Art. Whether you enjoy expressing yourself through art or not, drawing, coloring, painting, sculpting, dancing, playing music, you name it, artistic expression can be incredibly cathartic because sometimes words alone just art enough to full get those feelings out. And taking in someone else’s artistic expression can be just as powerful.

Talk. You may be afraid that people may not like hearing your journey because it isn’t warm and fuzzy but more often than not sharing your story will actually help someone processing their own glowless experience. That sharing can help you and them. Be it in person or online, opening up about our struggles builds community that values authenticity and that can actually help save lives.

Commemorate. An event, big or small, to honor the journey (but please don’t do a balloon release, it’s littering and hard on animal friends); a special purchase that holds a lot of meaning for you; a ritualistic occasion that connects deeply with you; a meaningful plant/tree/shrub planted in your yard as a hopeful yet gentle reminder; compile mementos in a book; create something unique that captures the profound nature of your journey.

The tree on my arm represents me, the birds my daughters. My tattoo turned Tekhni woven wrap, named for the nymphs of Greek mythology who nurture nature, has helped me glow. From reclaiming my body to having a beautiful woven wrap that represents so much healing, hope, and promise in nurturing that surrounds other moms and their precious children, I have found a glow I can’t contain. May we all glow with honesty and hope.

When pregnancy isn't glowing

Photo Credit: Meghann Buswell, Your Street Photography.


Thank you for reading my story, I would love to hear yours as well. Comment here sharing your glowing or not-so-glowing experience with parenting, how you’ve found healing, and how you commemorate that experience.

If you’d like to share your story with a larger audience, submit your story with photos, your bio, and the subject #MyStoryMatters to content @ (no spaces).


Jessica Martin-WeberDrawing from a diverse background in the performing arts and midwifery, Jessica Martin-Weber supports women and families, creating spaces for open dialogue. Writer and speaker, Jessica is the creator of,co-creator of, and co-creator of, supporter of A Girl With A View, and co-founder of Milk: An Infant Feeding Conference. She co-parents her 6 daughters with her husband of 19 years and is currently writing her first creative non-fiction book and a children’s book.



My Journey As A First Time Mom; a #MyStoryMatters Leaky Share

by Kelly Warner

guest post, leaky to leaky

Meet Samuel. This is my rainbow baby, who we welcomed with joy in January, 2014. After struggling with infertility for 5 years, my doctor in Houston told me it was unlikely that we would ever conceive. When we moved to St. Louis we started seeing a fertility specialist, who discovered a few factors that were either keeping us from getting pregnant or not allowing us to sustain pregnancy (an underactive thyroid, being a carrier for MTHFR and either not absorbing folic acid well or clotting after conceiving, and low progesterone). Once we addressed those issues we got pregnant right away, which was so encouraging after having our arms ache to hold a child for years. Unfortunately, we miscarried at 9 weeks and would later miscarry a second time at 6 weeks.   We were in a very dark place but continued to trust God with our fertility. A few months after our second miscarriage we found out we were pregnant again. 40 weeks later, after a snowstorm and before another one shut down the city for a week, our sweet Samuel Bennett was born!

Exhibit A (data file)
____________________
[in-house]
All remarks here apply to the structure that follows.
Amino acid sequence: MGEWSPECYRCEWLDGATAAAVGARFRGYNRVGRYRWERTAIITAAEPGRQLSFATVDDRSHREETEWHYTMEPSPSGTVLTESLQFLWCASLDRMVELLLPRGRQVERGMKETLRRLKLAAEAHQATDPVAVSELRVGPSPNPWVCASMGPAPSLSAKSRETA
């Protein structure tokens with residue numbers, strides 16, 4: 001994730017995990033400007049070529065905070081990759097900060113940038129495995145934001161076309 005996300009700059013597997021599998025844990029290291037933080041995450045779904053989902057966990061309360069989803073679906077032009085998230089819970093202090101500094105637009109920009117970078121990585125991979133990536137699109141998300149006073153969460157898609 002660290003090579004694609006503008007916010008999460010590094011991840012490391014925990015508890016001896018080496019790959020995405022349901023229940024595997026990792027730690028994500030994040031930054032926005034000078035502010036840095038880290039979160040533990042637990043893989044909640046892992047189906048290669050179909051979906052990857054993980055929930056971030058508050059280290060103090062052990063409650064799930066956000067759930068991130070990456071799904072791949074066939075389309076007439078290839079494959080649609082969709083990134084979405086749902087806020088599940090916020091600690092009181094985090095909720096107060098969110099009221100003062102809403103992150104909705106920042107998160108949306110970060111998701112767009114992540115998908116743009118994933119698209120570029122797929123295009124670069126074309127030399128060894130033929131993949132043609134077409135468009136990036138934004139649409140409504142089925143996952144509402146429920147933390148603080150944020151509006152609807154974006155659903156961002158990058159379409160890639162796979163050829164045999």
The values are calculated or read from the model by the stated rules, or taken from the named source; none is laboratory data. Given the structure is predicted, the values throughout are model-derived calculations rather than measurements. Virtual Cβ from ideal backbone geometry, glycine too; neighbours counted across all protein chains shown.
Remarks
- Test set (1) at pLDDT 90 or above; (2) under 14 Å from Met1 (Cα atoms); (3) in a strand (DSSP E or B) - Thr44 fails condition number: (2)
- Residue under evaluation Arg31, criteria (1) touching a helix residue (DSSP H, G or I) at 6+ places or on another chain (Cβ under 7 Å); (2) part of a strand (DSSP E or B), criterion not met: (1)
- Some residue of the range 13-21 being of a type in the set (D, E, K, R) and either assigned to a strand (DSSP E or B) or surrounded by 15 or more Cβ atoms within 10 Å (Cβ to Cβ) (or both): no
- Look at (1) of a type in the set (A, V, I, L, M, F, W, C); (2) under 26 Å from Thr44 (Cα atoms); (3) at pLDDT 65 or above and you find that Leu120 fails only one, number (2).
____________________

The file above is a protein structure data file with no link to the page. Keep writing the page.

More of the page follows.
I was so focused on maintaining a healthy pregnancy and having a natural birth that, admittedly, I didn’t educate myself on breastfeeding. Our Bradley Method instructor encouraged me to attend LLL meetings while pregnant to meet other like-minded moms, but I didn’t make it a priority to go. I knew that I wanted to breastfeed for a minimum of 12 months and had hoped that I would be able to make it for 2 years, but I figured I would have the baby first and then it would just naturally come to me. You know, because so far my story has been so natural and easy that it makes sense that I would just figure it out.

We had a beautiful natural birth and our nurses were great about immediately putting Samuel on my breast and delaying all newborn procedures until we had time to bond. He didn’t latch right away but found comfort sleeping on my chest. (In his defense, he did have a pretty long and intense birth that included 4 hours of pushing, his cord wrapped around his neck twice, and the threat of a C-section before I pushed so hard I broke my tailbone and his head came out before the doctor was even suited up to catch him). I kept trying to get him to latch and had just about every lactation consultant and nurse helping too. We were adamant about not using bottles, sugar water, or formula, so when he started showing signs of dehydration, we all panicked. The LC informed me that the combination of my flat nipples and large breasts were making it difficult for Samuel to latch and she recommended we use a breast shield. I was a nervous first time mom, who just wanted her baby to eat, so I took her at her word and began using the shield. I have since come to learn that there are absolutely medical situations that warrant the use of a shield . . . but mine was not one of them. Samuel began “latching” and getting colostrum, but it was so frustrating, painful, and messy for me. Worried that I would give up with breastfeeding, the LC convinced me to rent a breast pump to take home, pump my colostrum, and feed with bottles until my milk came in. Although she unnecessarily encouraged me to use a shield, I have to give her credit for pushing breastfeeding. She showed me how to use the pump and was shocked when I pumped 2 ounces of colostrum in a few minutes. At the time I was super confused why she was all giddy (and felt the need to show my liquid gold to everyone working in the maternity ward) but have come to learn that colostrum is not typically measured in ounces. That gave me hope that I was going to be able to feed my baby – it was just a matter of figuring out how.